"But even worse, by basing their entire article on untruths, these authors have exploited the topic. "

God forbid that you raise a topic which you made completely anonymous and not, in fact, about them in particular. That's exploitation!
coffeeandink: (Default)

From: [personal profile] coffeeandink

::huge sigh:: Haven't been commenting much, but I am really sorry that they are impugning your and Sherwood's veracity, and are either lying or have sincerely convinced themselves that their part in the conversation went differently (which we have certainly seen in discussions on similar issues even when we had documentary evidence about what was said by whom when).

Also really tired of the red herring about whether the agent in question was "personally homophobic" or not. And all the other red herrings and straw men.
Edited Date: 2011-09-15 03:27 pm (UTC)

From: [identity profile]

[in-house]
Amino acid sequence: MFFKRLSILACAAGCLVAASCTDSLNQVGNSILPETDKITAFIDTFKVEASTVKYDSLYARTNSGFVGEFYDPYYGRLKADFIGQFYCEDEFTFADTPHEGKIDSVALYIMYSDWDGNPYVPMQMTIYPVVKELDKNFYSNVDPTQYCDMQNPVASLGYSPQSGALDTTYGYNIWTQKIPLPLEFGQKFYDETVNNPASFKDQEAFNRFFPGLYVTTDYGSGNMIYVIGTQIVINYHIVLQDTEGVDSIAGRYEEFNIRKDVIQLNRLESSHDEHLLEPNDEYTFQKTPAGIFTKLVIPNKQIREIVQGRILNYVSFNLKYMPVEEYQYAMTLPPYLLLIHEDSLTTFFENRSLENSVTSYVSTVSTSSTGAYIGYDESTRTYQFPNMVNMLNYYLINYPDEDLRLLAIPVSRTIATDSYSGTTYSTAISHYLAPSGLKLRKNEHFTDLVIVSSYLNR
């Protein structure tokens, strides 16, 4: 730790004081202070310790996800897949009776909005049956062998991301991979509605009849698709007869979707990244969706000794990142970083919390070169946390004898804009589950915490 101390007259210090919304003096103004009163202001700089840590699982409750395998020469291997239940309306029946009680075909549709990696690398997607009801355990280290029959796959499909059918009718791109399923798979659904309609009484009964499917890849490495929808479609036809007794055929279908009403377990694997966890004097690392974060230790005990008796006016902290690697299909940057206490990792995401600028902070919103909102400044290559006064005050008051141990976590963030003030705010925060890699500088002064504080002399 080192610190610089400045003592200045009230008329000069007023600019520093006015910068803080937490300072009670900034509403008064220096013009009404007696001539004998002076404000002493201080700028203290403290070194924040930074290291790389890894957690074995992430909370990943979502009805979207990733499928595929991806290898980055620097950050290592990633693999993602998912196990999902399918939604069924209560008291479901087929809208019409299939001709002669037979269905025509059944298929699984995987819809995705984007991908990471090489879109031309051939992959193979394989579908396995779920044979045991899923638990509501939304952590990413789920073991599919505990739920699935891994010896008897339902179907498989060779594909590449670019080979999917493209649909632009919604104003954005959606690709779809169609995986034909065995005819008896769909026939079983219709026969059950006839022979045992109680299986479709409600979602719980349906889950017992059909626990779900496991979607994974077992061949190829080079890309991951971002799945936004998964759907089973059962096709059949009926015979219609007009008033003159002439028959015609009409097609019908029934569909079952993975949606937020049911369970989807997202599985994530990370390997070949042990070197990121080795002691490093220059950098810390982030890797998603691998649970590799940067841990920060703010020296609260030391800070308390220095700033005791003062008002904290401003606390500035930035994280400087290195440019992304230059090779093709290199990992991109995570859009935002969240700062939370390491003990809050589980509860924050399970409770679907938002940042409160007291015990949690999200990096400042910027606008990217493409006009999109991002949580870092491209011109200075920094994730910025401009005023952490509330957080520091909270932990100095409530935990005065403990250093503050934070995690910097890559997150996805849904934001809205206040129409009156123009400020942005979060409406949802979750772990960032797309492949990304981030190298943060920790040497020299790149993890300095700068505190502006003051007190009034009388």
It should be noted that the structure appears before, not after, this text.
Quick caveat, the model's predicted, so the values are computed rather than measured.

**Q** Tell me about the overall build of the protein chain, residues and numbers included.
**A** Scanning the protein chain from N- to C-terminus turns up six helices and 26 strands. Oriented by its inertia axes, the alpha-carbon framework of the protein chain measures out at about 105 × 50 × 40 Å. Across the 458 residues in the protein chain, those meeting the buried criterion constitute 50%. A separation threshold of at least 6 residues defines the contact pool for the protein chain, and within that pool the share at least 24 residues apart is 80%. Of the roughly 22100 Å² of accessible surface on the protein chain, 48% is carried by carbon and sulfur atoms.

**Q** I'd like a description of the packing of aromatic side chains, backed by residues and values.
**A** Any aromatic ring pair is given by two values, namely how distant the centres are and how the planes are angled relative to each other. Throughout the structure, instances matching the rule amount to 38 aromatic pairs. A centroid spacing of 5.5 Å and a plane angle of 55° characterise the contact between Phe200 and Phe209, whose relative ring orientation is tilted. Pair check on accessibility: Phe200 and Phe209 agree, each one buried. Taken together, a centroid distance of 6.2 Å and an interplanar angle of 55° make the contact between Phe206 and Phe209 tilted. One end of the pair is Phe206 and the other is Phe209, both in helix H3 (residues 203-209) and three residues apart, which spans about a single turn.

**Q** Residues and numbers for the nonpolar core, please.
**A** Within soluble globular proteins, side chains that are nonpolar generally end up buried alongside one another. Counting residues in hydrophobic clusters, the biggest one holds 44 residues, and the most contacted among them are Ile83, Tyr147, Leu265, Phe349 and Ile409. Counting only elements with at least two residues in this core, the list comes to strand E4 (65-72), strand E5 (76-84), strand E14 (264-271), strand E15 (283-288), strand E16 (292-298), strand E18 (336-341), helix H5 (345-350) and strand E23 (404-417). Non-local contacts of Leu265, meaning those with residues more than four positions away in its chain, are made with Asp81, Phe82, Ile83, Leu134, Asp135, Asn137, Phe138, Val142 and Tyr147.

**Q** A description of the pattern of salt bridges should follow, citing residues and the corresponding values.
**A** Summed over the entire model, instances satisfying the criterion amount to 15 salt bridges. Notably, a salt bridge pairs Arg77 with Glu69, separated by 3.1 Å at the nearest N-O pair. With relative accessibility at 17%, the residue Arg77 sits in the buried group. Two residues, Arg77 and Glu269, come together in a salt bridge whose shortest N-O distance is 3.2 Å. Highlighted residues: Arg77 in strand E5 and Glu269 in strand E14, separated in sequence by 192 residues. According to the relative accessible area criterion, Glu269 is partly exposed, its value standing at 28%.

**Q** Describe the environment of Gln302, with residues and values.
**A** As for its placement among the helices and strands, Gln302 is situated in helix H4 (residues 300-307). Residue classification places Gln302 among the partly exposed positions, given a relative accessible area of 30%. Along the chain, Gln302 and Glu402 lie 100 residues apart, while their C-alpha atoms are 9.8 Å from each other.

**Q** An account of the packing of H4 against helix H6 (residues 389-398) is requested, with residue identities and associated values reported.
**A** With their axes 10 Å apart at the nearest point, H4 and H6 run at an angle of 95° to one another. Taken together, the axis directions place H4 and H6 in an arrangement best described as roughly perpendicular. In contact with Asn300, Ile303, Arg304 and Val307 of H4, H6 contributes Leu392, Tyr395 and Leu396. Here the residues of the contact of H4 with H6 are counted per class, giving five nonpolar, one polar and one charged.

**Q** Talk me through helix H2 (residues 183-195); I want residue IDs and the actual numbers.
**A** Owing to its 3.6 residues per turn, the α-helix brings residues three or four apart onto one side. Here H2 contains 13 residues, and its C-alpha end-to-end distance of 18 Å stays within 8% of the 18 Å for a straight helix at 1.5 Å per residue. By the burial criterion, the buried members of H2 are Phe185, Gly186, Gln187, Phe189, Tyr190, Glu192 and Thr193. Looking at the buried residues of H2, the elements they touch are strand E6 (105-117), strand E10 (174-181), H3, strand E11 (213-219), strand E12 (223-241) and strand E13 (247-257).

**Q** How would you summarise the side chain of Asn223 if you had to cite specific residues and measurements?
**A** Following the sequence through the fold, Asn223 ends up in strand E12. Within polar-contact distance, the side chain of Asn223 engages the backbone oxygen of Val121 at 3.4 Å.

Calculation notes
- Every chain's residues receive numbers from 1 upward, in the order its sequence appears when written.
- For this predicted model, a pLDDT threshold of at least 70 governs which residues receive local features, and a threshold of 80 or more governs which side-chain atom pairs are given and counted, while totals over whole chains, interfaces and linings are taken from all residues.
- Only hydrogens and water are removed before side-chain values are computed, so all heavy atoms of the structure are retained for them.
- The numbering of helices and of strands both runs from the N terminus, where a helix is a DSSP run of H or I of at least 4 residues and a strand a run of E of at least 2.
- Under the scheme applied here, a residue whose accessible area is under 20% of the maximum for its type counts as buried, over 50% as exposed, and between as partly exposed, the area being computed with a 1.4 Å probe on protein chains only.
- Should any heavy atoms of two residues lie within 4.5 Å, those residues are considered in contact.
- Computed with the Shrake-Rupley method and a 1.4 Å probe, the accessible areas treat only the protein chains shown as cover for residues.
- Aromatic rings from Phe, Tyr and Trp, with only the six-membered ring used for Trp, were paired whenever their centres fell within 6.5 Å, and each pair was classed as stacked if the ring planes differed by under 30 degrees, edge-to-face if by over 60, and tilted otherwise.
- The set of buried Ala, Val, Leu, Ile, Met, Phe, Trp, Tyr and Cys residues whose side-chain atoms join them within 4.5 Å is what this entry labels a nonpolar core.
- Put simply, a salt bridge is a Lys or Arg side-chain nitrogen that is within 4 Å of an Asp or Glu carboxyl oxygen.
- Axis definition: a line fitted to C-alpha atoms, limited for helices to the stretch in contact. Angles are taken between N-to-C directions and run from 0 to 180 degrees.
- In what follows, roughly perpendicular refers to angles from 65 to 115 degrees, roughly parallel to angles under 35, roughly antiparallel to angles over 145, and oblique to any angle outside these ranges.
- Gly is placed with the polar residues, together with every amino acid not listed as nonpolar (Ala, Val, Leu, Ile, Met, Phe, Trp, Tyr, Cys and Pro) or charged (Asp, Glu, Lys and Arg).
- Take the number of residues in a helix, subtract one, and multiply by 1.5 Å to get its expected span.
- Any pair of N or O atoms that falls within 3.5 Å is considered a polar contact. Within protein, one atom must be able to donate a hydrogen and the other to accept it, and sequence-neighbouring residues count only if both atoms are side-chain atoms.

One of the things that deeply concerns me about the way publishers handle this sort of thing- Running Press did the same thing during the Trisha Telep blowup- is that they immediately scramble to not only say "nuh-uh! Did not!" but also seem very willing to throw writers under the bus in the process. I'm thinking specifically of the Christopher Navratil PW post in which he implicitly compared Jessica Verday's response to homophobia to Tyler Clementi's suicide. When publishers have the backing of a multi-layered company and authors have only themselves + whatever readers choose to stand by them . . . there's a power imbalance, and it disturbs me. And I hate the way it's almost always turned into "author versus publisher" by the publishers' response rather than "we didn't intend to do this, but clearly it's a problem; it needs addressing." As long as publishers are more interested in deflecting blame than they are in actually engaging with the topic, we're not going to get anywhere.